AI will help us develop and execute ideas, but insight, creativity and taste will be driving forces that enable us to produce meaningful content and experiences that drive business outcomes.
We just used Chat GPT to generate ideas for a pitch we’re working on. Were they any good? Well, they weren’t tight, but of the five we generated, there’s one that might have some legs. A big part of getting there, however, was in the prompt. We already had a strategy we felt was very powerful that was part of the ask. We also referred it to other campaigns, described what we liked about them, and asked for ideas like those. And Chat GPT had no idea which of the ideas it gave us was the gem and which were the garbage.
As the group concluded, they shared some of their favorite tools, including Chat GPT, Mid Journey, Runway, and Eleven Labs. They also emphasized the importance of trial and error, creativity, and innovation. With the barrier to expensive tools now lifted, everyone has access to these tools to experiment and create exceptional results.
Interesting factoid: both Jason and Matt have been experimenting a ton to learn what prompting techniques work to get desired outputs from Generative AI. Jason was straightforward that he wasn’t about to share those learnings. That’s his IP. That kind of methodology IP will become highly valuable in the years to come.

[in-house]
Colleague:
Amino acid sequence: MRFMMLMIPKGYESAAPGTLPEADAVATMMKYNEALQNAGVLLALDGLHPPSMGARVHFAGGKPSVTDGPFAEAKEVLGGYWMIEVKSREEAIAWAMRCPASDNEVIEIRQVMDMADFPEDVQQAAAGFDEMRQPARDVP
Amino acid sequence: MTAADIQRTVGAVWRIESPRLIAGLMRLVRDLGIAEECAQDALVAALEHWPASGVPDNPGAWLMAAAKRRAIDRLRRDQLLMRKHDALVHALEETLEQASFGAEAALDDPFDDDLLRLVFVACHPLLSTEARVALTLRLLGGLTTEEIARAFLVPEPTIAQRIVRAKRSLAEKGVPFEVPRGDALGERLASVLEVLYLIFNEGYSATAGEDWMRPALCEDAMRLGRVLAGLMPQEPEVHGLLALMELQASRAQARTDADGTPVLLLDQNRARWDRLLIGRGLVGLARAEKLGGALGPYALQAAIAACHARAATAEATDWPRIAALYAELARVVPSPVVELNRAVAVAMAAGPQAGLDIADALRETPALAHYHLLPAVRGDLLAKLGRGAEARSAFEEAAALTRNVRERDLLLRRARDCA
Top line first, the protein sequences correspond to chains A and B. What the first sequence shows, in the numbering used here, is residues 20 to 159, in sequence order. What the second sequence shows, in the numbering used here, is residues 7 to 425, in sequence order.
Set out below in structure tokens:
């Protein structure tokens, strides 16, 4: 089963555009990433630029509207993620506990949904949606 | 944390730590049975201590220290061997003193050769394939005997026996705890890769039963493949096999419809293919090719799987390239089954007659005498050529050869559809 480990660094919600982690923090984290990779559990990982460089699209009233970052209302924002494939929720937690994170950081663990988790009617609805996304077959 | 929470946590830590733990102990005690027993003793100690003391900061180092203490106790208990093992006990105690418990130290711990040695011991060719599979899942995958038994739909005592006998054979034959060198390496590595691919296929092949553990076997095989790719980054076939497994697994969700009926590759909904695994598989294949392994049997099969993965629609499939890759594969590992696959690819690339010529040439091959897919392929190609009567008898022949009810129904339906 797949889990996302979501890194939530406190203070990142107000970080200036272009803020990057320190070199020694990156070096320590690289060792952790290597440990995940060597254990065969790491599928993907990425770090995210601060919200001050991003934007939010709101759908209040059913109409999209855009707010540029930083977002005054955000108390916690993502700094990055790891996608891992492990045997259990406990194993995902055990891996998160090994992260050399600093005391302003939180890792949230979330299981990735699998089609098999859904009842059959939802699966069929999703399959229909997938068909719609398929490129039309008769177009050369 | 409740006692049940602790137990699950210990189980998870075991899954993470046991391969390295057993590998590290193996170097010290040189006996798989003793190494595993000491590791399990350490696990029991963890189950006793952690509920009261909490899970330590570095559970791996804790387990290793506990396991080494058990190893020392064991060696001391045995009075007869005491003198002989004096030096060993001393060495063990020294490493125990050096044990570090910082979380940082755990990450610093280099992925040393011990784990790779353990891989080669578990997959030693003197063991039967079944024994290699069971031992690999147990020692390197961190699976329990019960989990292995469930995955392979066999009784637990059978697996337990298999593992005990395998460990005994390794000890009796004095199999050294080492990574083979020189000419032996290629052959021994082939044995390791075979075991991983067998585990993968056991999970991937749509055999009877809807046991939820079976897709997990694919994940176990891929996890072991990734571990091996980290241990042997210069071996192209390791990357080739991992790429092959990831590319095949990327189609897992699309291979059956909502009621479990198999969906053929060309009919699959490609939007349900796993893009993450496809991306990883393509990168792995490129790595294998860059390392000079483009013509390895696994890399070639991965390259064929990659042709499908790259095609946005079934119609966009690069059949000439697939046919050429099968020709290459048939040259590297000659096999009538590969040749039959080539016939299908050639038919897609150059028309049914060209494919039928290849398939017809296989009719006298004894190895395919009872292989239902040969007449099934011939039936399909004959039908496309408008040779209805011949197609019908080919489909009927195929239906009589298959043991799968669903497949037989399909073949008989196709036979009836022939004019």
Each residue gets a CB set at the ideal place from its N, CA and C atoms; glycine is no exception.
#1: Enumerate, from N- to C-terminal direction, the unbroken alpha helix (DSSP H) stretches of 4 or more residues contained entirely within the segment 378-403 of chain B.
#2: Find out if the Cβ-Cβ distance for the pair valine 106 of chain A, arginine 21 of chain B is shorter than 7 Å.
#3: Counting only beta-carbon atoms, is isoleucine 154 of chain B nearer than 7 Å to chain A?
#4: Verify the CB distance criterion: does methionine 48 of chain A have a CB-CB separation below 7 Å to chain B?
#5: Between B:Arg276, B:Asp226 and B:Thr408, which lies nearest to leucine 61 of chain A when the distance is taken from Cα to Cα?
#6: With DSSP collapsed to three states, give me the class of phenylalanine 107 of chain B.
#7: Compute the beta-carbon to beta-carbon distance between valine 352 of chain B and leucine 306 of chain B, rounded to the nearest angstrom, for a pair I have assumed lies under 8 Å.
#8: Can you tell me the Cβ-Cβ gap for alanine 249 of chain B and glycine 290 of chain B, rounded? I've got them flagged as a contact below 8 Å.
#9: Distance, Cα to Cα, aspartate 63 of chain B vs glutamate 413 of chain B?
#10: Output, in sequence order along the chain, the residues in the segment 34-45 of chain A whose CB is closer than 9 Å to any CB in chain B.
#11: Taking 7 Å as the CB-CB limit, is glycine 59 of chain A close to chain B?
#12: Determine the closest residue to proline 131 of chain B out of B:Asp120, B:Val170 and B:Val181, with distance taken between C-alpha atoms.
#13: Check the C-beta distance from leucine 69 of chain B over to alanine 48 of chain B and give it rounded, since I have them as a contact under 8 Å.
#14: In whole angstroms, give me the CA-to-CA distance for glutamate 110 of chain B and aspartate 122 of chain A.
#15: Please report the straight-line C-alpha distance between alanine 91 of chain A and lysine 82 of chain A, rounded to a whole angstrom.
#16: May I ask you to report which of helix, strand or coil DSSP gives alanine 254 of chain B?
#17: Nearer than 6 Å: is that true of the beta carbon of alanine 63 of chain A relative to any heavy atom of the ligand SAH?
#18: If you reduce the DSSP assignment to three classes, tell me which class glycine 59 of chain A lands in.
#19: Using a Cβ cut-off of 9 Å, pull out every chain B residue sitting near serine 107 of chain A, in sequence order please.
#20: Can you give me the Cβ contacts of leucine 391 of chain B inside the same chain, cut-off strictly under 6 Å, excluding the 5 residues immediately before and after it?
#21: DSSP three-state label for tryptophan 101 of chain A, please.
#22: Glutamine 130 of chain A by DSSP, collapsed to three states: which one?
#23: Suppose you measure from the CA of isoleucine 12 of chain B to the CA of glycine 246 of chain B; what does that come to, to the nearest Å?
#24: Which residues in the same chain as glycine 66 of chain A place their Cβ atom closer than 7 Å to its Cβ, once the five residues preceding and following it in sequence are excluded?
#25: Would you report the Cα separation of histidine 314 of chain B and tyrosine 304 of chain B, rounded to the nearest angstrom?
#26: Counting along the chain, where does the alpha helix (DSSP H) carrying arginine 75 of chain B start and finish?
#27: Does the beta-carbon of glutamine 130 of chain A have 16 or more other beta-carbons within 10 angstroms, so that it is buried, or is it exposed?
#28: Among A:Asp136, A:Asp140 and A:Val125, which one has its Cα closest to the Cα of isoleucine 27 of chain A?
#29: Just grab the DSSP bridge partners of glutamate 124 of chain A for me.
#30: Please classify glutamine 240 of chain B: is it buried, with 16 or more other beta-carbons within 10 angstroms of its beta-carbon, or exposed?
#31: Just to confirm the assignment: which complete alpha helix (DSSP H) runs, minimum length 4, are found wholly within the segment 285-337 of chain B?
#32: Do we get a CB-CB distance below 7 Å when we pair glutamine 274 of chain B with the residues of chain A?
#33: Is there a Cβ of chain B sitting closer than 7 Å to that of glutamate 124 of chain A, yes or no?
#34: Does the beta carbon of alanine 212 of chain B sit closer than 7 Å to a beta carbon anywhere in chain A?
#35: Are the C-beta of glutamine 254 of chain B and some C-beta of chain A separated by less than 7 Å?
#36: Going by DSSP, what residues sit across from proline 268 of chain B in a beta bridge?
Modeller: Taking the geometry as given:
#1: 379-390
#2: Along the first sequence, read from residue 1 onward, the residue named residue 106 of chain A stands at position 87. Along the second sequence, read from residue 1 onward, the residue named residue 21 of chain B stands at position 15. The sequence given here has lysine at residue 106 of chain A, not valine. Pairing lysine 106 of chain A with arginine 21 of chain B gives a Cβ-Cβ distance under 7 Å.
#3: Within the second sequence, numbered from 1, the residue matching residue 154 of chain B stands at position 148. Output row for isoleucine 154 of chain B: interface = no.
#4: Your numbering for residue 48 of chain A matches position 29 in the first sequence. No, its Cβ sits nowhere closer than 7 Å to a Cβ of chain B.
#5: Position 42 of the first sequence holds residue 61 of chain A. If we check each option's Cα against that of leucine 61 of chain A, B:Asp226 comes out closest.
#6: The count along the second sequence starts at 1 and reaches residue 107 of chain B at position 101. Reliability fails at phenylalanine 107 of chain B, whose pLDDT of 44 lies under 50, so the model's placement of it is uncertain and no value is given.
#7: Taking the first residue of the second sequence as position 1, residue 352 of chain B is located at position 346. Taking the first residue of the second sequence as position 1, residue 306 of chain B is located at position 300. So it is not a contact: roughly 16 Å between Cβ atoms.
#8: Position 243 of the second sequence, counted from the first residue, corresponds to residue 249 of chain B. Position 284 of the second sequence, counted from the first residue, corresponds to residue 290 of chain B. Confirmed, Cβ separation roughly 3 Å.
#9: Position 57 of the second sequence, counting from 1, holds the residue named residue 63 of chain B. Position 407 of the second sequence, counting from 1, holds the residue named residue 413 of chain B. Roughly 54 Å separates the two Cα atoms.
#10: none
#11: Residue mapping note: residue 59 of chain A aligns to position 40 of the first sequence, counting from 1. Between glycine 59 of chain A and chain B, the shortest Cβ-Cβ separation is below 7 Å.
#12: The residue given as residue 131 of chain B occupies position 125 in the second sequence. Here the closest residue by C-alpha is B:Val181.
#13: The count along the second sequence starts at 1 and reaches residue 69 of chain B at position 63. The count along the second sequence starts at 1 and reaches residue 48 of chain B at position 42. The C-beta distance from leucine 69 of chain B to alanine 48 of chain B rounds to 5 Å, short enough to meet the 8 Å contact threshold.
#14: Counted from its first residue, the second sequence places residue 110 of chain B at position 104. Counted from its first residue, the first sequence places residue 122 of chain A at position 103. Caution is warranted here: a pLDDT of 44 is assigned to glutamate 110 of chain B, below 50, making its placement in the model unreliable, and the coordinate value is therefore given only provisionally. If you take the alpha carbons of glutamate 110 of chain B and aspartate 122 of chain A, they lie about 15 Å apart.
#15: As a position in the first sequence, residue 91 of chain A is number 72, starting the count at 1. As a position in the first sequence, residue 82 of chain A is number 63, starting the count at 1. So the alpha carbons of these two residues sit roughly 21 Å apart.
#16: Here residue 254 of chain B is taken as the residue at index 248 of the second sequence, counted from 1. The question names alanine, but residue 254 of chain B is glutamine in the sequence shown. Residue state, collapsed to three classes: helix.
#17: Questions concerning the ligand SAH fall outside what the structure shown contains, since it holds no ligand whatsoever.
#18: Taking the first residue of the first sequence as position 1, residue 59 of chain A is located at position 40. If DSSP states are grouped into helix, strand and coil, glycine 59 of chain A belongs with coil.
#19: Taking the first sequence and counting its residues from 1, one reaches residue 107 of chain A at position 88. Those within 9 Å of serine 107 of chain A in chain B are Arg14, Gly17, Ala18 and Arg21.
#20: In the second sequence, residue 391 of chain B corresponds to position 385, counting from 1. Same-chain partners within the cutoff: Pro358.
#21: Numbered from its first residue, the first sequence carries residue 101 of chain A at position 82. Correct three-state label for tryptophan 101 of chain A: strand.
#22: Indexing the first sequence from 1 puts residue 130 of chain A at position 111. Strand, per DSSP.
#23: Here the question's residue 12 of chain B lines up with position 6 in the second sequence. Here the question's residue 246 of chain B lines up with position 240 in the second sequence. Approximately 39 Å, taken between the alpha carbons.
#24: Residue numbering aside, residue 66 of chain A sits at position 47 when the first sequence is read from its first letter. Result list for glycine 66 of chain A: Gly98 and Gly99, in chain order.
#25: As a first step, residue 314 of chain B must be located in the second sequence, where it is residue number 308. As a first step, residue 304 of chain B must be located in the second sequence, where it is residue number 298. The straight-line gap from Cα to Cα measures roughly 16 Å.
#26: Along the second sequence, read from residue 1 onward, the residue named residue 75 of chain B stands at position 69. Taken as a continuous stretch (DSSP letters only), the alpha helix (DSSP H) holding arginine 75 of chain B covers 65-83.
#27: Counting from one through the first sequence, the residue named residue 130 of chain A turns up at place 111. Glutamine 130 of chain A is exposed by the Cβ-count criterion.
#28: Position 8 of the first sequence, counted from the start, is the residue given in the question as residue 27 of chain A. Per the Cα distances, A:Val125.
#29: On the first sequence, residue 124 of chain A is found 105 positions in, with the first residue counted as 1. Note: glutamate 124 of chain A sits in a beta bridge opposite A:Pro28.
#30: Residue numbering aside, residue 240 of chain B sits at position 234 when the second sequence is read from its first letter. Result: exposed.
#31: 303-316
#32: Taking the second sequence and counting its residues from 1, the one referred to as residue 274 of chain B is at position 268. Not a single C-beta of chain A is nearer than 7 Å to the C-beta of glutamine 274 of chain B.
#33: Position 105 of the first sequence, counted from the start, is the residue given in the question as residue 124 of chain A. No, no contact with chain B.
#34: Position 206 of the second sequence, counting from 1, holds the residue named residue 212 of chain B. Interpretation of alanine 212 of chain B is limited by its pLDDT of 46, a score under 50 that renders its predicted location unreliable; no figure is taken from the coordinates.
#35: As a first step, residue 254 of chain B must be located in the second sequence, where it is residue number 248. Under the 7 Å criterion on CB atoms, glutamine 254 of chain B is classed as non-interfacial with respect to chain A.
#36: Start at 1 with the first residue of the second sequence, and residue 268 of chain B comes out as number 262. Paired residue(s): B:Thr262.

Over the next 12 weeks, Traction will be developing a prompting curriculum. We’re going to start by using it to train our people, but soon our consultants will be able to bring that to bear to train our clients as well. Contact us if you’re interested.
In conclusion, AI has the potential to revolutionize the marketing industry, but it is up to us to think creatively and innovatively to take advantage of this technology. With accessible and affordable AI tools, we can experiment and create exceptional results, keeping up with the rapid development in this field. However, we should always remember that humans are still essential to direct the final outcome, and creativity is still a must-have skill to achieve exceptional results.
Amit Shah told The Futureproof Project a few months ago: ”AI won’t take your job. But a human using AI will.”
For me, the big takeaway from the event was a crystallization of the tangible steps futureproofing requires. I’m glad to be part of a Futureproof Project community helping one another take those steps together.